The 15 varieties at the tasting were Big Sister, Booth, Chaffey, Deliciosa, Ecuador, El Bumpo, Fino de Jete, Ludica, Nata, Orton, Oxhart, Pierce, Santa Rosa, Selma and Whaley.
“I really love the Big Sister variety because the tree is kind of small and is a heavy producer,” she said. “We had a fruit from Big Sister that was the size of my whole head.”
She said that El Bumpo also produces large fruits. The varieties Fino de Jete and Nata can have excellent flavor, and this year Pierce fruits likely had the highest brix, signifying high sugar levels.
Behind the scenes, preparations for the event included harvesting the fruit more than a week ahead of time so that it would ripen.
“We picked 15 varieties the week before, and it was very stressful. Every day I was there wondering, are they going to be ripe? Are they going to be perfect for Saturday? What if they're too hard? What if they're too soft?” Barkman said. “When the cherimoya ripens, you have about two days to eat it because it will go bad really, really quickly.”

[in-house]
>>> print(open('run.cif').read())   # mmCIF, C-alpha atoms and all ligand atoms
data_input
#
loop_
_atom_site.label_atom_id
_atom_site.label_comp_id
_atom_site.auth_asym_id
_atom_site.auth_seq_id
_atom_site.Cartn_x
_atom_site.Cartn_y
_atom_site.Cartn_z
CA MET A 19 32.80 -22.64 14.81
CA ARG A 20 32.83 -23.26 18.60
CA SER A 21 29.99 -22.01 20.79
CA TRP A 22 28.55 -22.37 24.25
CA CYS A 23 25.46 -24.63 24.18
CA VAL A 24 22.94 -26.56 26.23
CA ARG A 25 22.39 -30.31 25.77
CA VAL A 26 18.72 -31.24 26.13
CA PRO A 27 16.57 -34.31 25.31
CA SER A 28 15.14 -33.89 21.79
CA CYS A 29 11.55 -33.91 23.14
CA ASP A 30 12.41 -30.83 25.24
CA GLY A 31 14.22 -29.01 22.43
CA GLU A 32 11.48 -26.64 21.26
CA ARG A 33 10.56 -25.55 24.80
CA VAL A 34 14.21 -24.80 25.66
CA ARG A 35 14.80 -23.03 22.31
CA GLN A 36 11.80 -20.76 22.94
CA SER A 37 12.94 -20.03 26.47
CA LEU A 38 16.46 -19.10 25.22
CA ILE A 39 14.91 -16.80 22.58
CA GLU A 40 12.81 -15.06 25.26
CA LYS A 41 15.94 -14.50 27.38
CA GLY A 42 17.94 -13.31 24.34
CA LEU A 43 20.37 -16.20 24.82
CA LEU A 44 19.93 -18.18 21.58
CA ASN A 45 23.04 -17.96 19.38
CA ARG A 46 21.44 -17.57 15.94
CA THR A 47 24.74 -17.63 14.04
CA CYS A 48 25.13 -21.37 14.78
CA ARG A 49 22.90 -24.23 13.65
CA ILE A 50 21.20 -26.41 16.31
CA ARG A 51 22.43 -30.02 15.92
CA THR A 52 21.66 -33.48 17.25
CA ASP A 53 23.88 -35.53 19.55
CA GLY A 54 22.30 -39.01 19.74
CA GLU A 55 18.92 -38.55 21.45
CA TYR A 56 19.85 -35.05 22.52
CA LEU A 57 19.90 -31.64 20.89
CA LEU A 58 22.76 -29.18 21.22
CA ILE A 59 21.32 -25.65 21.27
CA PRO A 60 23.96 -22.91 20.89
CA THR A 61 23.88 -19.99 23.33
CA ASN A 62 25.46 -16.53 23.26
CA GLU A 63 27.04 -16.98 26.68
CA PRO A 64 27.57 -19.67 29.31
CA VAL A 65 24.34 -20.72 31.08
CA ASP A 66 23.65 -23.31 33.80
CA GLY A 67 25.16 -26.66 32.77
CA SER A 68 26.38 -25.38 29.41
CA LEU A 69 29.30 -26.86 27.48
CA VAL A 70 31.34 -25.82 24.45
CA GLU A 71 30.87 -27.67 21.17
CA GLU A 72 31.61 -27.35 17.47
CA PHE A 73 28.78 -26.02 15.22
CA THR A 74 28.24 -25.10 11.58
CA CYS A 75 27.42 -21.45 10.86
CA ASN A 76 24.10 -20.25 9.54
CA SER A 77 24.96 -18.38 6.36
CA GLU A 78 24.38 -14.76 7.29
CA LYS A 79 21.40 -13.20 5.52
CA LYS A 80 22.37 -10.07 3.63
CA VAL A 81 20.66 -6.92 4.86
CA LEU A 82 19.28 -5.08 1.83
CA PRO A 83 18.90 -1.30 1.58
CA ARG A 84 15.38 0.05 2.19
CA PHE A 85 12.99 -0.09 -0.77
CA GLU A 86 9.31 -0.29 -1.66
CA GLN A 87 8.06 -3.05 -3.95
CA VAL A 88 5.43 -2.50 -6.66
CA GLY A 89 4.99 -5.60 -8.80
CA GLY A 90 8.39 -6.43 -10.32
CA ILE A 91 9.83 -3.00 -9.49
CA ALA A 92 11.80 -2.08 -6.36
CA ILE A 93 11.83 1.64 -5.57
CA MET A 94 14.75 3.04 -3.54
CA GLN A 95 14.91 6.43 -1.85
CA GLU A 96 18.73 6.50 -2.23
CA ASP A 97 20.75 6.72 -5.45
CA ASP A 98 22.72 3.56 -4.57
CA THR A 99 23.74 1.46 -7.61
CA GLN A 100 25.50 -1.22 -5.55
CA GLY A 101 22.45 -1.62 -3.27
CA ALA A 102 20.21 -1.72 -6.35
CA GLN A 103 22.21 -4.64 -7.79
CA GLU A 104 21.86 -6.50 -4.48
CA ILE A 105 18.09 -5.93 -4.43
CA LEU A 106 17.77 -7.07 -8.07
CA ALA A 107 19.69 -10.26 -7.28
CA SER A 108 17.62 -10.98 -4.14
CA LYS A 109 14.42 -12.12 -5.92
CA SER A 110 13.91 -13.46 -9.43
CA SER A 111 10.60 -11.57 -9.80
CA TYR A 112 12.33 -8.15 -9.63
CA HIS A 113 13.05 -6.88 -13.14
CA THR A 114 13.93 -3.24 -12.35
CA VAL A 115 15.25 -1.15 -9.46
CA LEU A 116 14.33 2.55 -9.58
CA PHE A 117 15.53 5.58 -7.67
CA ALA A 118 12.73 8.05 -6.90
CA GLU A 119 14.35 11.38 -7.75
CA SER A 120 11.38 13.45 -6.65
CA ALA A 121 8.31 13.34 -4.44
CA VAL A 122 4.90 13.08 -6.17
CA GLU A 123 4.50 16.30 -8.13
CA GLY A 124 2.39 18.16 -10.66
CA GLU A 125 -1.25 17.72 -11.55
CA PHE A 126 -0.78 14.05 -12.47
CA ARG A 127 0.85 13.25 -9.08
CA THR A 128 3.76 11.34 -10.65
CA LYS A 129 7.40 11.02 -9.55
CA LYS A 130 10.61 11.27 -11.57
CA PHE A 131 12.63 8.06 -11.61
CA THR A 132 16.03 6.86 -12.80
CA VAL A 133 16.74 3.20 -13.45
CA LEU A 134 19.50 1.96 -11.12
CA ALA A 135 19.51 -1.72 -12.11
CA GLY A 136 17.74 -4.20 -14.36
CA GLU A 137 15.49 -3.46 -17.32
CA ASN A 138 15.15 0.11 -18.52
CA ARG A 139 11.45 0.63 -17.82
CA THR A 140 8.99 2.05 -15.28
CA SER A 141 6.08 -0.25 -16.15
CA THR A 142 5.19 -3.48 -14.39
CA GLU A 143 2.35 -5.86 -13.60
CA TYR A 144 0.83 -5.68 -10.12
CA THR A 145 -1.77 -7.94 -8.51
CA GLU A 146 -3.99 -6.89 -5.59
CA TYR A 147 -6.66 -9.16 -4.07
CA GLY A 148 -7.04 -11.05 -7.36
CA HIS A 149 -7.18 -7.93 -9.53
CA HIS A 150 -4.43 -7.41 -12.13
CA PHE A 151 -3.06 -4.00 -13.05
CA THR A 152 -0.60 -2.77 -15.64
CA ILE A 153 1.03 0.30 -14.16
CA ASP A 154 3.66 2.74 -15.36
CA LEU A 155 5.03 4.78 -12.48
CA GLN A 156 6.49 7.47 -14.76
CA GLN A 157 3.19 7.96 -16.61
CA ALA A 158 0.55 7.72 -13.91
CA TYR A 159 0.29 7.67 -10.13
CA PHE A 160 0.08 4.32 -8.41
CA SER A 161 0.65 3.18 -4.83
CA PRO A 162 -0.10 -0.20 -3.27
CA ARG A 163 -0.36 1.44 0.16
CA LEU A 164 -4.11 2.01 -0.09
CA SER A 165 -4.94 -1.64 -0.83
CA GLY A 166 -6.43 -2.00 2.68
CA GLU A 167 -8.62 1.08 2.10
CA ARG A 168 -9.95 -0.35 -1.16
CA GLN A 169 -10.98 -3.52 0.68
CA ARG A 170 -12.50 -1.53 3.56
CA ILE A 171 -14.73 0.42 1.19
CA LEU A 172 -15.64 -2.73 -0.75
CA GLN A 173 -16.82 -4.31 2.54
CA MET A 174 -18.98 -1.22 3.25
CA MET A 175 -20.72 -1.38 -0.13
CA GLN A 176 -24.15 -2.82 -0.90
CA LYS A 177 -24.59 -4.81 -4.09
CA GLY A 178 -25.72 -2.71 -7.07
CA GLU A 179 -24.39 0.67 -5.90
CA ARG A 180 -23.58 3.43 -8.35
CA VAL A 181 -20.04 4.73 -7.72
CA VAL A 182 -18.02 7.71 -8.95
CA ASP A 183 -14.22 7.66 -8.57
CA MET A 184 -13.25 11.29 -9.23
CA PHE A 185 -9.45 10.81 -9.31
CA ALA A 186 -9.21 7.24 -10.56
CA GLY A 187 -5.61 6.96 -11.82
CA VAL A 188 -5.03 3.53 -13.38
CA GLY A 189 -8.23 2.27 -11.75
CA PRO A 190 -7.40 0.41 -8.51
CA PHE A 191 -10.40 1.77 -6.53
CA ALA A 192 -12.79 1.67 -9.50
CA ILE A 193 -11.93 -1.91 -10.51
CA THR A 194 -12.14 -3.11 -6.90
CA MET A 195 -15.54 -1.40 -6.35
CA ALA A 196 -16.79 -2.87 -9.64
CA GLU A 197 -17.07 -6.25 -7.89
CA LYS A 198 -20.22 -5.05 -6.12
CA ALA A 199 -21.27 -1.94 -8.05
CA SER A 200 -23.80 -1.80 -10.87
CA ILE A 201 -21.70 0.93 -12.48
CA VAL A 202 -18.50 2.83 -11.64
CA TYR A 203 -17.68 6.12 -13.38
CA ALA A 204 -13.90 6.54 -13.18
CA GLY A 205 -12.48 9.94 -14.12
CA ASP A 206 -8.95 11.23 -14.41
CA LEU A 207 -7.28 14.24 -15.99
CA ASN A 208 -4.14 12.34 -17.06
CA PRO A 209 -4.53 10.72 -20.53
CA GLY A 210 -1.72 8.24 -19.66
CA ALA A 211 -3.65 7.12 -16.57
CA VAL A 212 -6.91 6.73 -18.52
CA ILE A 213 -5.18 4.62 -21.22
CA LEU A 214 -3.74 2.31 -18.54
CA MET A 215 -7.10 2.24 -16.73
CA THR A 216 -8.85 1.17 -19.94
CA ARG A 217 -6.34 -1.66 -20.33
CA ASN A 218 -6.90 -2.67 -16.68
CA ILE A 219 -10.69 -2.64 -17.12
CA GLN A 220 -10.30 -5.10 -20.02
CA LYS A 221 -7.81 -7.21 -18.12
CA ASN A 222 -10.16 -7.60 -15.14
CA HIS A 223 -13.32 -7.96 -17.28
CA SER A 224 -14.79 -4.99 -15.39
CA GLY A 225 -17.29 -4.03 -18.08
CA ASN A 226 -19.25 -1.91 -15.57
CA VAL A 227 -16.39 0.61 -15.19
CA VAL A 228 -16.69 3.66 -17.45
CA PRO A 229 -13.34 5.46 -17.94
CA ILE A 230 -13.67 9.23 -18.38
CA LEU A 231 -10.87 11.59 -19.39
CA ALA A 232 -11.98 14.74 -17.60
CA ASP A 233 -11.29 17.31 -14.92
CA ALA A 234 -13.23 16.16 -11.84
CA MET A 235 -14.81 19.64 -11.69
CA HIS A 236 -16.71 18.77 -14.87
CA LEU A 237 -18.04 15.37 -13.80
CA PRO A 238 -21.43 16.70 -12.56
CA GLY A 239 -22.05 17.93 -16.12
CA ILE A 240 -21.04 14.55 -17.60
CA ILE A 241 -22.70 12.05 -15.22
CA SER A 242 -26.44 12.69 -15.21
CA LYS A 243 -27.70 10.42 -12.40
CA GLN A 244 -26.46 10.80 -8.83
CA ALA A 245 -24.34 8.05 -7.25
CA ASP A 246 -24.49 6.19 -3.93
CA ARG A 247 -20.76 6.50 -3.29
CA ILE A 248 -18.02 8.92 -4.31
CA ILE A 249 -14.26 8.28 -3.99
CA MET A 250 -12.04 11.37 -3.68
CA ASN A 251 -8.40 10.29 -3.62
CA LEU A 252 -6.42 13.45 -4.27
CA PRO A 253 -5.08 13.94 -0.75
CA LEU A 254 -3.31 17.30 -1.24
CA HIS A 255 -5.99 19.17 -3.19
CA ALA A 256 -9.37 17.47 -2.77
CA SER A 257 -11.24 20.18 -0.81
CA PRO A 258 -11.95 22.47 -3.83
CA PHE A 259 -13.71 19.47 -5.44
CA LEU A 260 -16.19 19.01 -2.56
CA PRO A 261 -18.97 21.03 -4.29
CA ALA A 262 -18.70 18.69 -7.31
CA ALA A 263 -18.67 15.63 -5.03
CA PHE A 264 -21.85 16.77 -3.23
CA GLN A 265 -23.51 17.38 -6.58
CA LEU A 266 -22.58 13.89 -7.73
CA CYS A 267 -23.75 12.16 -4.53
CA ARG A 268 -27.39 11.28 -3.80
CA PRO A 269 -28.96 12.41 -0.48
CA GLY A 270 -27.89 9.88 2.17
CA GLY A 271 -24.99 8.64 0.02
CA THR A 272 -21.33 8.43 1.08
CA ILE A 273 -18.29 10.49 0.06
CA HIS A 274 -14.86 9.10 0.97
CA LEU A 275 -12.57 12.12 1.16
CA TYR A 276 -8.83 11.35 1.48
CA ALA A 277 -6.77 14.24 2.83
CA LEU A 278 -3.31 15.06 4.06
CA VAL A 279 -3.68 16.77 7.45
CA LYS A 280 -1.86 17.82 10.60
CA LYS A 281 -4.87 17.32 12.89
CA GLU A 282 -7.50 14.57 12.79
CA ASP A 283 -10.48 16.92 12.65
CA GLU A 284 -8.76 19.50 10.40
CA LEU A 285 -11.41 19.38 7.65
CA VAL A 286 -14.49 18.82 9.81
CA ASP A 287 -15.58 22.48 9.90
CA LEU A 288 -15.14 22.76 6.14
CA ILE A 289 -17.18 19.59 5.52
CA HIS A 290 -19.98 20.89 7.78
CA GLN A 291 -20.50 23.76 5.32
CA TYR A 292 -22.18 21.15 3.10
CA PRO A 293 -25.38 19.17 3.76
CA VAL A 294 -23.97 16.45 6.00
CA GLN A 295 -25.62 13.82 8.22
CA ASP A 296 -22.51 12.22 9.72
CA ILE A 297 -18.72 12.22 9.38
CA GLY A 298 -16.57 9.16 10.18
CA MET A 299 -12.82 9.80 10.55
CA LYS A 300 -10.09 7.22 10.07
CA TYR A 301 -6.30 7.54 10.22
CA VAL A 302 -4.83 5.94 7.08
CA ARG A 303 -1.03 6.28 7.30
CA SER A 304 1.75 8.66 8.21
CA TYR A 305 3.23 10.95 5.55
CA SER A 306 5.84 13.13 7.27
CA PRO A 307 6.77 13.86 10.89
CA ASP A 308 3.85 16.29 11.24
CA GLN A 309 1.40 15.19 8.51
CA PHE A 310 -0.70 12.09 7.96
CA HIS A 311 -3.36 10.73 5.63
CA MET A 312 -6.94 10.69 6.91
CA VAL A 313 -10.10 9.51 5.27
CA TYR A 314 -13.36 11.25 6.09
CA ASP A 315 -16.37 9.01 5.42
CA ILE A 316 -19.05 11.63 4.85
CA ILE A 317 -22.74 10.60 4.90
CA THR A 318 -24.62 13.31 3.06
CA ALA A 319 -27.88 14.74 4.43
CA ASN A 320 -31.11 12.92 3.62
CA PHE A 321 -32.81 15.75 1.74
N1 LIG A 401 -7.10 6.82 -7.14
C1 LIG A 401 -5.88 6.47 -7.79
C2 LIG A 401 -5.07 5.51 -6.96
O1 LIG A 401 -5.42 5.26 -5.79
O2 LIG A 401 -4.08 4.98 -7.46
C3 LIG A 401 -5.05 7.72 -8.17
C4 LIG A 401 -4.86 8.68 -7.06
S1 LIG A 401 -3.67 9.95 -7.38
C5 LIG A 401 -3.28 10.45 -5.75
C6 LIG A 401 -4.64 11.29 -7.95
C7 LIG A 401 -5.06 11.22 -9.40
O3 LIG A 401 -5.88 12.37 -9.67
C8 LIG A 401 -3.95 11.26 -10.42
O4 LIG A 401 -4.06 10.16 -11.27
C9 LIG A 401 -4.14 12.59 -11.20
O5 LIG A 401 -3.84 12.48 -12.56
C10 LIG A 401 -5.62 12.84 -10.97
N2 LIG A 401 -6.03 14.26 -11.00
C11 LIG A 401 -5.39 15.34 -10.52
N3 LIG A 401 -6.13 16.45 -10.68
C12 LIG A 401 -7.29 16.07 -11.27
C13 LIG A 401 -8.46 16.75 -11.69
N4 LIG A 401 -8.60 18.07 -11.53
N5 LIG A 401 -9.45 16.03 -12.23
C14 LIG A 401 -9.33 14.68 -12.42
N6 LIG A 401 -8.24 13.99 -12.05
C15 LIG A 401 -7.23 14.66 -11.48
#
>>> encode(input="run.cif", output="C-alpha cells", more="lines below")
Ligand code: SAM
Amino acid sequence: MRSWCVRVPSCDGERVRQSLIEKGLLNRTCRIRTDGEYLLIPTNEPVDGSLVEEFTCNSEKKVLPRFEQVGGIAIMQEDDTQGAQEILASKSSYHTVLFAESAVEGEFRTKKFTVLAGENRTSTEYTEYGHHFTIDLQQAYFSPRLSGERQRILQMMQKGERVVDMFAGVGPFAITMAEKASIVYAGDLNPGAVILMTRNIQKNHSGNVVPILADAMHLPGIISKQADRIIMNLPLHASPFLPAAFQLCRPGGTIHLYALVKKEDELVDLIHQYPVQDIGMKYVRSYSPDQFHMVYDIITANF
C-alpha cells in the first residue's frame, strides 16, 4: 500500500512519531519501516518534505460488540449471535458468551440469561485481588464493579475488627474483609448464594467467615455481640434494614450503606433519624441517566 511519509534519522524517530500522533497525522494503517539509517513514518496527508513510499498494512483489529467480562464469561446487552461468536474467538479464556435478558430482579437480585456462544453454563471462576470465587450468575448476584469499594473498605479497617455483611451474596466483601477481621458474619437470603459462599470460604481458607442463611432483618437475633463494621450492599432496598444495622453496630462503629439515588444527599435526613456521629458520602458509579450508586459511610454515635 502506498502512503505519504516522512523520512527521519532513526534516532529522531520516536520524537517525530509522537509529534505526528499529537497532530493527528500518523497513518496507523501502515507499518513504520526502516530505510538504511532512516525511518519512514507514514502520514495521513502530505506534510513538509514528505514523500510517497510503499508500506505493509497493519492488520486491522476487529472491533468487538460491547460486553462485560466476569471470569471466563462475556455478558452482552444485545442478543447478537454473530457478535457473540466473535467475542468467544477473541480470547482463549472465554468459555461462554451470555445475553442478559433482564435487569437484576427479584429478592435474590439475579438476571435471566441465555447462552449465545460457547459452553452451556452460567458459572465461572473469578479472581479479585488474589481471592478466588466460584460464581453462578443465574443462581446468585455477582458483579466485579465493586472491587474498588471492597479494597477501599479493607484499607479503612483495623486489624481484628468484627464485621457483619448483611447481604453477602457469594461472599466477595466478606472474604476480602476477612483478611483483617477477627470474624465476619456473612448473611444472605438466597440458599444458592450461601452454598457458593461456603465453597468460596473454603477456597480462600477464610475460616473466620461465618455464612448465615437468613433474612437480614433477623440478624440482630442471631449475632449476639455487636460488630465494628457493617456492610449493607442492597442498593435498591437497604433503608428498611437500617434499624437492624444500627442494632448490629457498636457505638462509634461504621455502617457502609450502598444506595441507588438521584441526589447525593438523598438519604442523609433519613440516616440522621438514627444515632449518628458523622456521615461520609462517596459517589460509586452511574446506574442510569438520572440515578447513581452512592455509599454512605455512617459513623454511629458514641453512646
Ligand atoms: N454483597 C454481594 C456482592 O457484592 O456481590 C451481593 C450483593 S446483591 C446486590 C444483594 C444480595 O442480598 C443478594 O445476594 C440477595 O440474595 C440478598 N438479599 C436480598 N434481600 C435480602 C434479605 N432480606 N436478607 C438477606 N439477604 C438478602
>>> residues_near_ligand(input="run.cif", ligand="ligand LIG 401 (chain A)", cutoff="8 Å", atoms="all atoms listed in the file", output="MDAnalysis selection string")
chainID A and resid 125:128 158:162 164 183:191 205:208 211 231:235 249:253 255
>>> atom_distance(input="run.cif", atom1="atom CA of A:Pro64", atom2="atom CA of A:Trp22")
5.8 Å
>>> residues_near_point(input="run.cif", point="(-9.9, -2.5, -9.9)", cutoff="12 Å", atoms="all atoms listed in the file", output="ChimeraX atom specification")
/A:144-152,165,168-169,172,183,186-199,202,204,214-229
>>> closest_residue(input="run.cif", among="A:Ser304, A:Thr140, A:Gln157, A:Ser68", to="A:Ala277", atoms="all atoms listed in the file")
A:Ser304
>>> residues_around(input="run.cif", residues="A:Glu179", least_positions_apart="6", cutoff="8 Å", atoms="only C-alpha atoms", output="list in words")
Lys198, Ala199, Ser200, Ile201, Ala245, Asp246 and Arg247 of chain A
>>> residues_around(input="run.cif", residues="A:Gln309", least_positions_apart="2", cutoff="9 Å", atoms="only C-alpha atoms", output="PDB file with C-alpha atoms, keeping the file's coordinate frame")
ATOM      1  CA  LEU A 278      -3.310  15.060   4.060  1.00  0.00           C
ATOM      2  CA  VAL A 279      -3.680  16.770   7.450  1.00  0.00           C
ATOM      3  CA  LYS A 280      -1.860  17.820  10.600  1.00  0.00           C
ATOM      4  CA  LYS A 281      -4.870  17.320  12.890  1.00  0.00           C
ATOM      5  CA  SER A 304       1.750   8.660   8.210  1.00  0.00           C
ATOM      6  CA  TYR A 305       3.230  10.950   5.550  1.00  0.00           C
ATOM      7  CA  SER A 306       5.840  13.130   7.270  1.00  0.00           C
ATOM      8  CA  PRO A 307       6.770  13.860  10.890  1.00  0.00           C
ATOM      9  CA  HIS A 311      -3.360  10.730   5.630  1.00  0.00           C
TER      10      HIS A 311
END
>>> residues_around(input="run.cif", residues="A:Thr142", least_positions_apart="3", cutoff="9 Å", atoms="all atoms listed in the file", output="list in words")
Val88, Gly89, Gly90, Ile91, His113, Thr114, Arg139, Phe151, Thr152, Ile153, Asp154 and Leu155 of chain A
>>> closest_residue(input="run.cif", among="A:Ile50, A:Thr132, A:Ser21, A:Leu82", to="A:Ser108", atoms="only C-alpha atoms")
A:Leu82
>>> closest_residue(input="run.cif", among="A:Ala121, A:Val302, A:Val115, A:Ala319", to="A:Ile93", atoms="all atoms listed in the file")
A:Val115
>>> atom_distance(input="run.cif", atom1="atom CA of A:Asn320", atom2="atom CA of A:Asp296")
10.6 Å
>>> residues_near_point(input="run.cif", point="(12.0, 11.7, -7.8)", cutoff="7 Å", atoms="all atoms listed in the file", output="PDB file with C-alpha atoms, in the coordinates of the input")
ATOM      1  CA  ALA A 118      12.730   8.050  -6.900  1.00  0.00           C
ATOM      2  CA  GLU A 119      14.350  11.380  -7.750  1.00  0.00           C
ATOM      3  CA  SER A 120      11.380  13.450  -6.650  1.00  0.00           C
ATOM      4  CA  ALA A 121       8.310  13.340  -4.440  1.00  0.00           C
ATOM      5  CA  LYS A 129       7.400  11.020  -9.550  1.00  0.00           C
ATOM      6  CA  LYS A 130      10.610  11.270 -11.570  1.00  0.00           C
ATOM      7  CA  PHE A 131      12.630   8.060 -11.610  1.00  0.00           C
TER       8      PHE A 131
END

Fortunately the fruit were ripe for Saturday’s event, and extra fruit were available for participants to take home to ripen and share.
Majcherek explained this was the first time the center has organized a tasting event for the cherimoya. She was surprised that so many of the participants already knew about the fruit.
“I think they were mostly coming to the tasting just for the love of cherimoya,” she said. “I had no idea that there was such an interest.”
She plans to hold another tasting event for cherimoya next year, as well as a second tasting event for persimmons in the fall.
For more information, UC Cooperative Extension Ventura County has a page about growing cherimoya commercially and the UC Davis Postharvest Technology Center has recommendations for maintaining postharvest quality of cherimoyas too.
Information about future tastings will be posted to the UC South Coast Research and Extension Center website.
Nopales, which can add interest to any landscape and, when harvested, a green-bean flavor to many dishes, are easy to propagate and grow in most parts of California, says UC Cooperative Extension farm advisor Richard Molinar.